Suspend, Standby, and Sleep all mean much of the same thing. When your computer is in one of these power-saving modes, it remembers everything you are doing and quickly resume full-power when you want to use the computer again. Essentiall, the monitor turns off, so the computer uses less energy but it keeps enough to remember what your were doing. Hibernation is similar but uses the computers hard disk to store everything that was in memory so the computer can turn off completely. Standby requires that there be power to the computer because it uses RAM. Hibernate copies the RAM to the hard drive and then shuts the system off. Standby is faster to start than Hibernation but Hibernation will survive power surges which Standby won't.
 

Sleep is a power-saving state that allows a computer to quickly resume full-power operation (typically within several seconds) when you want to start working again. Putting your computer into the sleep state is like pausing a DVD playerthe computer immediately stops what its doing and is ready to start again when you want to resume working.

Hibernate is a power-saving state designed primarily for laptops. While sleep puts your work and settings in memory and draws a small amount of power, hibernation puts your open documents and programs on your hard disk, and then turns off your computer. Of all the power-saving states in Windows, hibernation uses the least amount of power. On a laptop, use hibernation when you know that you won't use your laptop for an extended period and won't have an opportunity to charge the battery during that time.

Hybrid sleep is designed primarily for desktop computers. Hybrid sleep is a combination of sleep and hibernateit puts any open documents and programs in memory and on your hard disk, and then puts your computer into a low-power state so that you can quickly resume your work. That way, if a power failure occurs, Windows can restore your work from your hard disk. When hybrid sleep is turned on, putting your computer into sleep automatically puts your computer into hybrid sleep. Hybrid sleep is typically turned on by default on desktop computers.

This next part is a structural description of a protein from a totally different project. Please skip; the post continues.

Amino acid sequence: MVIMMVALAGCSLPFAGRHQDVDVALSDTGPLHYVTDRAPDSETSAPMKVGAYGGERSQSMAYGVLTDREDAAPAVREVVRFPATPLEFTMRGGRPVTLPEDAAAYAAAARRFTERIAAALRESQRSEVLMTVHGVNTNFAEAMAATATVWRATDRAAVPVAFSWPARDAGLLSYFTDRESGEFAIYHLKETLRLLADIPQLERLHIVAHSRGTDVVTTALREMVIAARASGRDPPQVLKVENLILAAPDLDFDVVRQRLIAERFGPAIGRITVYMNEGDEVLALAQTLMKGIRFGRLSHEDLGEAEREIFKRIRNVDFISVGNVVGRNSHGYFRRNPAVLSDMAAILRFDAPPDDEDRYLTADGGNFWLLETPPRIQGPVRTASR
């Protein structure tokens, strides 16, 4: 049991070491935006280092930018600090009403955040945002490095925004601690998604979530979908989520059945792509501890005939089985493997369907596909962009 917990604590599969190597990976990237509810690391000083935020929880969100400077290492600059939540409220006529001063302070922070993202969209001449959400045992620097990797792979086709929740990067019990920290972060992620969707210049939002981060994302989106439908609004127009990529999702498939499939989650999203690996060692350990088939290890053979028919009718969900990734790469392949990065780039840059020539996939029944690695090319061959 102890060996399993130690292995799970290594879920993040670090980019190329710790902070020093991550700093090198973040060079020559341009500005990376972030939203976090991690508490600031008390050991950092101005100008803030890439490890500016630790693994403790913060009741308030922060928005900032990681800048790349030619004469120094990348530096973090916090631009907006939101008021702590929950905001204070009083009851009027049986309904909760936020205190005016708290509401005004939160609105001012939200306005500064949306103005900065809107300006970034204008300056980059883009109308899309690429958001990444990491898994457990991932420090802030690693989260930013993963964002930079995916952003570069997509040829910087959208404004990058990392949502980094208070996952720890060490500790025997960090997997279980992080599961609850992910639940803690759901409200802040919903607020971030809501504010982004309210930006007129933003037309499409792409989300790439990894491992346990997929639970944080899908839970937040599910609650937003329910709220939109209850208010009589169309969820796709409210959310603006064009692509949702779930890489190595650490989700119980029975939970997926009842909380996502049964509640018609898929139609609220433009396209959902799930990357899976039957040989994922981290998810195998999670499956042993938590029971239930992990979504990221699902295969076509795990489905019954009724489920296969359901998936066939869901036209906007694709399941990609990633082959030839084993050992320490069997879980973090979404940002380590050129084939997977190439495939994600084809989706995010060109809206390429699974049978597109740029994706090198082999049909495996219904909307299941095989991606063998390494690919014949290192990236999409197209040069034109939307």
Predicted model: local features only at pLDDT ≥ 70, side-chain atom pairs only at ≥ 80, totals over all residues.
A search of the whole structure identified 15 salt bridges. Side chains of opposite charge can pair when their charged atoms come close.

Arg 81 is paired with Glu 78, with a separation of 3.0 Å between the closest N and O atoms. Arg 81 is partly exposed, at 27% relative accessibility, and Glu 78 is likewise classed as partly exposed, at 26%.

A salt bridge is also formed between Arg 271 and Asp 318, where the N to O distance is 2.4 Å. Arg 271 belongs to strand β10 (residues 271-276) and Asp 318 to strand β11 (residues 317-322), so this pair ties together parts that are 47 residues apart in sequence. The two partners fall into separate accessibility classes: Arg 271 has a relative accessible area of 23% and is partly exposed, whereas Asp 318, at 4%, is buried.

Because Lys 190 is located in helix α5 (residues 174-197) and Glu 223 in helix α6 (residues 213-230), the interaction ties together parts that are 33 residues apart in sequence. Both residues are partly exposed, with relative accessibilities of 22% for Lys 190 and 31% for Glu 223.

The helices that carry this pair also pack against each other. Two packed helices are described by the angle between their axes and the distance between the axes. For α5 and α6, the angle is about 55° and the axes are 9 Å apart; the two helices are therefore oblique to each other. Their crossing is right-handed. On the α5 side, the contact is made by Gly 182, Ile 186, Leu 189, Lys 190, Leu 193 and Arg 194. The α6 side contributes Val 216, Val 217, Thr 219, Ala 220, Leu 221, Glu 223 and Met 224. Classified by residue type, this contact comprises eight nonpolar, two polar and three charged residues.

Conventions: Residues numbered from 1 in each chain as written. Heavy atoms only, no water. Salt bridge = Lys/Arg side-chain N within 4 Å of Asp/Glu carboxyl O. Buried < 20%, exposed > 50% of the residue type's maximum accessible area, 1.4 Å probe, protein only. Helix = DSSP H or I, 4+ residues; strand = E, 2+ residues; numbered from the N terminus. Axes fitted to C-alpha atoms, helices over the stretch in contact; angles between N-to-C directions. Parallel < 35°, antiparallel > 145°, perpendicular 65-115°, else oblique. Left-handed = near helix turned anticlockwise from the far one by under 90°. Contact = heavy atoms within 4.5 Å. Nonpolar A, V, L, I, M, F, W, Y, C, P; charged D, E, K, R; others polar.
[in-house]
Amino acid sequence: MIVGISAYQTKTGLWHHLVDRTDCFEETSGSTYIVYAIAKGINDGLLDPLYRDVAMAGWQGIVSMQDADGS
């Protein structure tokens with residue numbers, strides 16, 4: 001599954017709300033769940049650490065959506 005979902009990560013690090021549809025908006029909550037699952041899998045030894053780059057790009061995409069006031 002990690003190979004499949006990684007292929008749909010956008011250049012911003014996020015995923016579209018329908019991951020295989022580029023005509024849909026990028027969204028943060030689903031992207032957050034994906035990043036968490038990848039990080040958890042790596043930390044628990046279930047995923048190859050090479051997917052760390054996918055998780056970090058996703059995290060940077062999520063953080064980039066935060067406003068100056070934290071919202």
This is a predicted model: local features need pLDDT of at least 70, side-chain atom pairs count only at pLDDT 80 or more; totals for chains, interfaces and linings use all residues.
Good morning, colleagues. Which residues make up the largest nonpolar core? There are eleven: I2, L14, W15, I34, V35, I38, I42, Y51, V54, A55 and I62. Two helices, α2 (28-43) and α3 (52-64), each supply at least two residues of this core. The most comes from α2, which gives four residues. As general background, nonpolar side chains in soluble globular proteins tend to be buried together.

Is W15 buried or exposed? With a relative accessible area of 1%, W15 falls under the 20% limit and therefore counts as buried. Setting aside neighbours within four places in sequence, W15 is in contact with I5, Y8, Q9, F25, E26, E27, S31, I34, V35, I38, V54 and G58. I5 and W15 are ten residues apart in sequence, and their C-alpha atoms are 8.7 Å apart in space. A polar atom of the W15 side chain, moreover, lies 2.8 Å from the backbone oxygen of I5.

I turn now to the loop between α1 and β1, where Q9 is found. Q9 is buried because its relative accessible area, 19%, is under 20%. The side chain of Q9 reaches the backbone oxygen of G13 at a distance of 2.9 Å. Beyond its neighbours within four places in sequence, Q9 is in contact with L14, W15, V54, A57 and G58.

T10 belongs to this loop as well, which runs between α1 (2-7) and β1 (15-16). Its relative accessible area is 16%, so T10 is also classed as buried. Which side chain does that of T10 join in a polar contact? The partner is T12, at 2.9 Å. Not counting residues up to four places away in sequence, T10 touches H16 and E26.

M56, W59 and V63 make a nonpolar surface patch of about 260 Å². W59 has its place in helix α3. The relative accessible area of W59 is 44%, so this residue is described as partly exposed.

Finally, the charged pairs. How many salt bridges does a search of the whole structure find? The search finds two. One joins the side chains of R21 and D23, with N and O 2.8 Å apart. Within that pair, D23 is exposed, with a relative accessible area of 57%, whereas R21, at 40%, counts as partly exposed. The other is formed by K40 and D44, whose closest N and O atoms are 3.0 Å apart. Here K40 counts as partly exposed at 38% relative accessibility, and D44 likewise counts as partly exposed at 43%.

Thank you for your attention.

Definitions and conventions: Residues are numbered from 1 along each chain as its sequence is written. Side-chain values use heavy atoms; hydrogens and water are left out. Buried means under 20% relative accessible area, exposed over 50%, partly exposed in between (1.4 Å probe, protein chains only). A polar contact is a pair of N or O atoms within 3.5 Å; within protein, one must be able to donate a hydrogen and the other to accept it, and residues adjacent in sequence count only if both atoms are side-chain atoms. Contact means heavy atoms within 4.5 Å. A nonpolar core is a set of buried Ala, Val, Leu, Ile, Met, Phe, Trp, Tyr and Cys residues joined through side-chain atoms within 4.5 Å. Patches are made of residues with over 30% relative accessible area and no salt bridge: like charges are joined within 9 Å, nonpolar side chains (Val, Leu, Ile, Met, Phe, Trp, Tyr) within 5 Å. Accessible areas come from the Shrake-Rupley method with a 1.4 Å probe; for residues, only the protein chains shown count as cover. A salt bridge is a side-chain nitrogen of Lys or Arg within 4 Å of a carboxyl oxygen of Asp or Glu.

Sleep and hibernation FAQs: Windows 7


Hibernate saves an image of your desktop with all open files and documents, and then it powers down your computer. When you turn on power, your files and documents are open on your desktop exactly as you left them.

Standby reduces the power consumption of your computer by cutting power to hardware components you are not using. Standby can cut power to peripheral devices, your monitor, even your hard drive, but maintains power to your computer's memory so you don't lose your work...

Hibernate and Standby

Sleep and hibernation FAQs
Windows 7: Manage Power Settings
Power Options overview in Windows XP
Understanding Differences Between Hibernate and Stand By in XP